Dangerous Liaisons —130—


AND WHY, MY DEAREST fair, would you cease to be my child? Why do you seem to announce to me that all correspondence will cease between us? Is it to punish me for not having guessed what was against all probability; or do you suspect me of having pained you willfully? Nay, I know your heart too well to believe that it can think thus of mine. The pain, therefore, which your letter caused me is far less relative to me than to yourself!

O my youthful friend! I tell it you with sorrow: you are far too worthy of being loved that ever love should make you happy. Ah! what woman who was truly delicate and sensitive has not found misfortune in this very sentiment which promised her so much felicity! Do men know how to appreciate the woman they possess?

’Tis not that many are not honorable in their actions, and constant in their affections: but, even among these, how few know how to put themselves in unison with our hearts! Do not suppose, my dear child, that their love is like our own. Indeed, they experience the same intoxication, often even they bring more ardor to it; but they do not know that anxious eagerness, that delicate solicitude which causes in us those tender and constant cares of which the beloved object is ever the single aim. The man’s pleasure lies in the happiness which he feels, the woman’s in that which she bestows. This difference, so essential and so little noticed, has, however, a very sensibleil influence on the sum of their respective conduct. The pleasure of the one is ever to gratify his desires; that of the other is, especially, to arouse them. To please, with him, is but a means to success; whereas, with her, it is success itself. And coquetry, with which women are so often reproached, is nothing else than the abuse of this manner of feeling, and by that very fact proves its reality. In short, that exclusive taste, which particularly characterizes love, is in the man naught but a preference, serving at the most to enhance a pleasure which, perhaps, another object would diminish, but would not destroy; while in women it is a profound sentiment, which not only destroys every extraneous desire, but which, stronger than nature, and removed from its dominion, allows them to experience only repugnance and disgust at the very point where it seems that pleasure should be born.

And do not deem that more or less numerous exceptions, which one might quote, can successfully contradict these general truths. They are guaranteed by the public voice, which has distinguished infidelity from inconstancyim for men alone; a distinction by which they prevail when they should be humiliated, and which, for our sex, has never been adopted save by those depraved women who are its shame, and to whom all means seem good which they hope can save them from the painful feeling of their baseness.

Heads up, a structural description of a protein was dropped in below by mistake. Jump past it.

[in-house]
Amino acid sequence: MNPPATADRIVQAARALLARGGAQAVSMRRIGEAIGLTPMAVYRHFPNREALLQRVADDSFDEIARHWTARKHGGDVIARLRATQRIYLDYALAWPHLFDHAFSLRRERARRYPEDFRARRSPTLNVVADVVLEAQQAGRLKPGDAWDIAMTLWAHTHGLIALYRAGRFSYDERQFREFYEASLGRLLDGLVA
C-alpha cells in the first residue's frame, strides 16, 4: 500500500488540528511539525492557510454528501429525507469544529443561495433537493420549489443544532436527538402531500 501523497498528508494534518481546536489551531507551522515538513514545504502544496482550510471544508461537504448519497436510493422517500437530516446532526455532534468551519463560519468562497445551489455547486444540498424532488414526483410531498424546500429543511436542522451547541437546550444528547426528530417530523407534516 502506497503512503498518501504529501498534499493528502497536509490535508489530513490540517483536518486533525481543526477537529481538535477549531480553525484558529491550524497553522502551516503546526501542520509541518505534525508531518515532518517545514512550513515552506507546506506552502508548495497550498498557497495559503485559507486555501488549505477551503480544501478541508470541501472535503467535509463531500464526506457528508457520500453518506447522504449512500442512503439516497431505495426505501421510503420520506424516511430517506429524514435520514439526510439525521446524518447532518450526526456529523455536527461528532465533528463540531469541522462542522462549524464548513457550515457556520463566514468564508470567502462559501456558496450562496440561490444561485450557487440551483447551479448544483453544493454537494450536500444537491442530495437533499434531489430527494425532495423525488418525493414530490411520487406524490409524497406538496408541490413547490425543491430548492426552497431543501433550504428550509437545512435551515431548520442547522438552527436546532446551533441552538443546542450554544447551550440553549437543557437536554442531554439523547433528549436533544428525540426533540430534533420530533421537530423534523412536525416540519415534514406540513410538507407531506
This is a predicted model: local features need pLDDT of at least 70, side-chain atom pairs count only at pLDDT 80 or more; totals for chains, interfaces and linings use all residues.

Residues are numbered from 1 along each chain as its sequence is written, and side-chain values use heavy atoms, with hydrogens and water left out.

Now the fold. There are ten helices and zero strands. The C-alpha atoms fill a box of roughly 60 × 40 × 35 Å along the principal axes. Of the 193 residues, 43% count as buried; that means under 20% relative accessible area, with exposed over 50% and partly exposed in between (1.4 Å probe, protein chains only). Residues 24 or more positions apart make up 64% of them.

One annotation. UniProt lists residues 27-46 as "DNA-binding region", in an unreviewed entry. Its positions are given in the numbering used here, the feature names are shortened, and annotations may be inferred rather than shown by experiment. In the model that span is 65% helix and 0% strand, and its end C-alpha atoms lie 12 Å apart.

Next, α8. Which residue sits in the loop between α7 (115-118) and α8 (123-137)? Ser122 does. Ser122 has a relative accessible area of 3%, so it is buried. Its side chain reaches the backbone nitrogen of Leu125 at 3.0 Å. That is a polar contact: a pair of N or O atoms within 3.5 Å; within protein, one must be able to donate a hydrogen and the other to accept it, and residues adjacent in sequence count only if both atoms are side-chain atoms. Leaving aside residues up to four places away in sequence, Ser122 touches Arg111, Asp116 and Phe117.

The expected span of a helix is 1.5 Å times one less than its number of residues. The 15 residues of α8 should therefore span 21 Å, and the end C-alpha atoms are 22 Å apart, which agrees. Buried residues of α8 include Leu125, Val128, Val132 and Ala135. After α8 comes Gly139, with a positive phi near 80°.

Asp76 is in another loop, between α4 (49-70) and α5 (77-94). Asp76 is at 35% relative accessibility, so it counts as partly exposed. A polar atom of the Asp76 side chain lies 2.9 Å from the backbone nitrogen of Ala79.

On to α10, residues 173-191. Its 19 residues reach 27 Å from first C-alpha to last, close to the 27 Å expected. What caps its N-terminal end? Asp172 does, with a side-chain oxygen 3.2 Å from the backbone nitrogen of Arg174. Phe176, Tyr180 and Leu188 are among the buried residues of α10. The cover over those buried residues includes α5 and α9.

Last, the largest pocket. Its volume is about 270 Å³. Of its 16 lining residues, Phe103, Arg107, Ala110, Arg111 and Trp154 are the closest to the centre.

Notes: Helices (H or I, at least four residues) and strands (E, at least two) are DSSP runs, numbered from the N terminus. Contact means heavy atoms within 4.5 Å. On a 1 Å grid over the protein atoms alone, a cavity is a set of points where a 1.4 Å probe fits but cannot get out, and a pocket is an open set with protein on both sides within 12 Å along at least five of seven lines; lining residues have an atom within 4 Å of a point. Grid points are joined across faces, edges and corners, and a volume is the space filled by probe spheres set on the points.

I had thought, my dearest fair, that it might be of use to you to have these reflections to oppose to the chimerical ideas of perfect happiness with which love never fails to abuse our imagination: the lying spirit, to which one still clings even when forced to abandon it, and the loss of which irritates and multiplies the sorrows, already too real, that are inseparable from a lively passion! This task of alleviating your pains, or of diminishing their number, is the only one I would or can fulfill at this moment. In disorders without remedy it is to the regimen alone that advice can be applied. The only thing I ask of you is to remember that to pity a sick person is not to blame him. Who are we, pray, that any of us should blame another? Let us leave the right to judge to Him alone who reads in our hearts, and I even dare believe that, in His paternal sight, a host of virtues may redeem a single weakness.

But I conjure you, my dear friend, guard yourself above all from those violent resolutions which are less a proof of strength than of entire discouragement: do not forget that, in rendering another possessor of your existence, to employ your own expression, it is not in your power to deprive your friends of the part of it which they previously possessed and will never cease to reclaim.

Adieu, my dear daughter; think sometimes of your affectionate mother, and believe that you will ever be, and above all else, the object of her dearest thoughts.